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Ramji Darwaza [or South Entrance] of the Bharatpur Fort

Ramji Darwaza [or South Entrance] of the Bharatpur Fort

Photographer: Priyalall and Company

Medium: Photographic print

Date: 1900

Shelfmark: Photo 37/(18)

Item number: 3718

Length: 21.4

Width: 28.7

Scale: Centimetres

Genre: Photograph

Photograph of the Ramji Darwaza or south entrance to the fort at Bharatpur in Rajasthan, taken by the studio of Priyalall & Company in c.1900. The fort was built by the Jat Raja Suraj Mal (r.1733-63) on the site of a smaller mud fort when he

captured Bharatpur from a rival Jat chief in 1733 and the state capital was transferred to Bharatpur from Dig. Known as the Lohagarh or Iron Fort, it proved to be an almost impregnable citadel. It is sited at the north-west corner of the walled city and was built with massive double ramparts reinforced by bastions, surrounded by a wide, deep moat. This view of the south entrance shows a bridge over the moat leading to a grand portal set between imposing bastions. Paintings of war elephants can be faintly seen on the stone faƧade either side of the central pointed arch.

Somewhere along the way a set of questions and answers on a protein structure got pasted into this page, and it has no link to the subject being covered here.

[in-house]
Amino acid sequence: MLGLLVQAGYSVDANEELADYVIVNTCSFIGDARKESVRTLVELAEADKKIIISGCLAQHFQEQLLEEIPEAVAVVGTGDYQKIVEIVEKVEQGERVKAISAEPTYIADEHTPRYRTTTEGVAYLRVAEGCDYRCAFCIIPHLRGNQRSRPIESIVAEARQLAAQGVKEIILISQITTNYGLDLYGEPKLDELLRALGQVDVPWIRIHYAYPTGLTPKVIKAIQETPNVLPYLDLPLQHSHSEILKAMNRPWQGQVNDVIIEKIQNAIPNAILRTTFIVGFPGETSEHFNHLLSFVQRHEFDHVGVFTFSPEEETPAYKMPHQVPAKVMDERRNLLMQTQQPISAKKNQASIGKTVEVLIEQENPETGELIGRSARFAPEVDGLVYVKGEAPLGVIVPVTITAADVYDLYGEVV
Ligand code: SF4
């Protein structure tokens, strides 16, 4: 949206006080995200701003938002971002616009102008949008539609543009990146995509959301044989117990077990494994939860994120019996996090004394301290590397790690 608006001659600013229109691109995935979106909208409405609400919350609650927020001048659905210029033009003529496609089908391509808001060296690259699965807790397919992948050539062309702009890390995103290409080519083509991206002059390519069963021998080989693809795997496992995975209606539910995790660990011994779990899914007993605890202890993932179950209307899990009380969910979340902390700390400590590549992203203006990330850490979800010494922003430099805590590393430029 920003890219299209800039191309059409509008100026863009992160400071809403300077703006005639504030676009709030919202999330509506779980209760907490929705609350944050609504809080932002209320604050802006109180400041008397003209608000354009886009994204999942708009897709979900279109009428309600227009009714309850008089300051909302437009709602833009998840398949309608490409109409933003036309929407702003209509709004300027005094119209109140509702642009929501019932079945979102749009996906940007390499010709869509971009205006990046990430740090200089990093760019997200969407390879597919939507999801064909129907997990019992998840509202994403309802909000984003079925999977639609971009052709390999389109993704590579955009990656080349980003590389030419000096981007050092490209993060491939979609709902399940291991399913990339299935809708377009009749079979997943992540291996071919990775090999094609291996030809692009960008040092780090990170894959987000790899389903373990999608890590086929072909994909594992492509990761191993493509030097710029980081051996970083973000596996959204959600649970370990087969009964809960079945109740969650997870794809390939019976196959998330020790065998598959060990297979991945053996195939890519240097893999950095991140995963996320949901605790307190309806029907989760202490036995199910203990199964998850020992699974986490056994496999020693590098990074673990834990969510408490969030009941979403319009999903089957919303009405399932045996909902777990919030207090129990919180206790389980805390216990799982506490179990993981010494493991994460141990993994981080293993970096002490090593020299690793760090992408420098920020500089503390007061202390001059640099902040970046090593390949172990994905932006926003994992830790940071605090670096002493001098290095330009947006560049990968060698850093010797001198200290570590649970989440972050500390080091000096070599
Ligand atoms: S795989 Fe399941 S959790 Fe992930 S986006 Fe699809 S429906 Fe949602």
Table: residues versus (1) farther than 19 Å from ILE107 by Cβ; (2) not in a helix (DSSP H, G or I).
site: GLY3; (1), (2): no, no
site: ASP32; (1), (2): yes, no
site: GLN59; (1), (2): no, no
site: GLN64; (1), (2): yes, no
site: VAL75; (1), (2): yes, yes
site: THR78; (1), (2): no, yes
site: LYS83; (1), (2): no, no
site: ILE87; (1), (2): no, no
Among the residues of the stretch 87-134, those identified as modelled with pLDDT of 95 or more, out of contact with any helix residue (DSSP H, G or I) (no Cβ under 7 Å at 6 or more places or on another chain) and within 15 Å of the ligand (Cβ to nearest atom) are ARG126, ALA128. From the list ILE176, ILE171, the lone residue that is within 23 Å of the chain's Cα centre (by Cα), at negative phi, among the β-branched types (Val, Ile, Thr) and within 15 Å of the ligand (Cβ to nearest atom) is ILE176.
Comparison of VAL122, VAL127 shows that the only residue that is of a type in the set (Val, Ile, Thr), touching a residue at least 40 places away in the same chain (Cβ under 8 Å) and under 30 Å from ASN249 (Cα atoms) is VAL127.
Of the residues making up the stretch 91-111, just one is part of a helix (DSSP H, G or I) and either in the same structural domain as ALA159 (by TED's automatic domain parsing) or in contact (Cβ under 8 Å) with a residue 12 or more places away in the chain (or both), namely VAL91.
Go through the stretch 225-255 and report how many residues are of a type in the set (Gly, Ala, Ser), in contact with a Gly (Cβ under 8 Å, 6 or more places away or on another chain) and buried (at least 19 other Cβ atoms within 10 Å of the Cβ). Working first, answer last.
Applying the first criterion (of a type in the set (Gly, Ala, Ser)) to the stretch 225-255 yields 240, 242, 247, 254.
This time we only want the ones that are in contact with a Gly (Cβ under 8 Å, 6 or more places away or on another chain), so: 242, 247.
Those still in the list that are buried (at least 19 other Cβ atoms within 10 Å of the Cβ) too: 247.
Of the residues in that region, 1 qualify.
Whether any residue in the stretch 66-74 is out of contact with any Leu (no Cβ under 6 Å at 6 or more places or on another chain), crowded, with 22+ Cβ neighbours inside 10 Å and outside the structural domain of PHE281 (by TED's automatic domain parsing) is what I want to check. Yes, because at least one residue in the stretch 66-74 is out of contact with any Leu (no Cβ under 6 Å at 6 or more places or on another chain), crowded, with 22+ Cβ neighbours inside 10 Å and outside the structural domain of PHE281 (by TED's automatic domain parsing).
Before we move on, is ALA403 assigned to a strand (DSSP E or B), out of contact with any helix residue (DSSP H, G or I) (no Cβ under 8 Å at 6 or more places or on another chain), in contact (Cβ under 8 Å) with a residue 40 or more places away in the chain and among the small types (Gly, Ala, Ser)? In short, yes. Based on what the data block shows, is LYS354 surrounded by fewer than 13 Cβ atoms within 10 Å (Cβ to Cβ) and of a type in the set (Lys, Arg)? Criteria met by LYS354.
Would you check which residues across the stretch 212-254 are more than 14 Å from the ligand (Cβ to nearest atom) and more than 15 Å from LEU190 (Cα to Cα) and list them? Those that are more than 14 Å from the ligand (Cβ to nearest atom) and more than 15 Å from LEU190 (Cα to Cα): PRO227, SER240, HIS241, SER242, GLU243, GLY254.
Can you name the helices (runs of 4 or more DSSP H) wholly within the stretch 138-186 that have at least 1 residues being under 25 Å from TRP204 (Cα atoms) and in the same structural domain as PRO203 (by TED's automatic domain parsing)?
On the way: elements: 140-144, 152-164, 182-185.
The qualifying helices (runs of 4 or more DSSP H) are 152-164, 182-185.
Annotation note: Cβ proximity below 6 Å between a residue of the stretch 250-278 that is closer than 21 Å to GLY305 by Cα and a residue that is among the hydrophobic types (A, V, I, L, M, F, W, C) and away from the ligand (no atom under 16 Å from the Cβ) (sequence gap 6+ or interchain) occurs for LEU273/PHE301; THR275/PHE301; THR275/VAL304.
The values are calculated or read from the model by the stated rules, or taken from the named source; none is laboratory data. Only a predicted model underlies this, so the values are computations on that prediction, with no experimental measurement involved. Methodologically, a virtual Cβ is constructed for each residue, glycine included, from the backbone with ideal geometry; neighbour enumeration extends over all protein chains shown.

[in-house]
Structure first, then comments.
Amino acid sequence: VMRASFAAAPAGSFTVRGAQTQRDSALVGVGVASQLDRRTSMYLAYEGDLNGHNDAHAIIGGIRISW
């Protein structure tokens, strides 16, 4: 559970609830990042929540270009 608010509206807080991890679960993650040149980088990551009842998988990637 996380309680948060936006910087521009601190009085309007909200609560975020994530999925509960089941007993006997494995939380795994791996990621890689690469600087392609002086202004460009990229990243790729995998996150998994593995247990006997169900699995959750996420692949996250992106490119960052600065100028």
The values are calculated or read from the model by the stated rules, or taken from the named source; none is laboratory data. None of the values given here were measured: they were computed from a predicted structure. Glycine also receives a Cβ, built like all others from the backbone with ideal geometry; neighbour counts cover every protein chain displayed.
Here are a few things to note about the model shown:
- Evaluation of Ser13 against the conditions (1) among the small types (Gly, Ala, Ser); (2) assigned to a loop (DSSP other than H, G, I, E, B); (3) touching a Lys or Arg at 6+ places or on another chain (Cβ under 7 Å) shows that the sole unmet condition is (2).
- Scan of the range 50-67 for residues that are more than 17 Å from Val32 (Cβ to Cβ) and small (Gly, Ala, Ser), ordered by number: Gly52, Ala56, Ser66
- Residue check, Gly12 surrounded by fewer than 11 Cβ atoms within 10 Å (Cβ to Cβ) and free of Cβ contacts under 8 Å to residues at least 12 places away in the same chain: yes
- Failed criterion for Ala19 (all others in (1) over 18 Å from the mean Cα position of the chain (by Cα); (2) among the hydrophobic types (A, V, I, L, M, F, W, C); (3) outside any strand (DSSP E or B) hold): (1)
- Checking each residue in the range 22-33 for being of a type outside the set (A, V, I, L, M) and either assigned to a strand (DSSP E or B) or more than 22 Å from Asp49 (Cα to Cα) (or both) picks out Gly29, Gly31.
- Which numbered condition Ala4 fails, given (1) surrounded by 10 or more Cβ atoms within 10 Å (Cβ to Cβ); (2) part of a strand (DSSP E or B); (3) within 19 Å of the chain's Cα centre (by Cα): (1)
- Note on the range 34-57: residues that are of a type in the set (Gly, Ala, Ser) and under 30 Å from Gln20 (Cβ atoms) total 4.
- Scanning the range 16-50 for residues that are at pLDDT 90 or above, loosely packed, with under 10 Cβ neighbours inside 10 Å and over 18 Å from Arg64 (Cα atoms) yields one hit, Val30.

The album of 'Views in the Bharatpur State and Neighbourhod' was presented to the India Office in 1912 by the Festival of Empire, held in 1911 at Crystal Palace in London to mark the coronation of George V. The Maharaja of Bharatpur was among the exhibitors in the Indian Section of the Imperial Exhibition held as part of the Festival.

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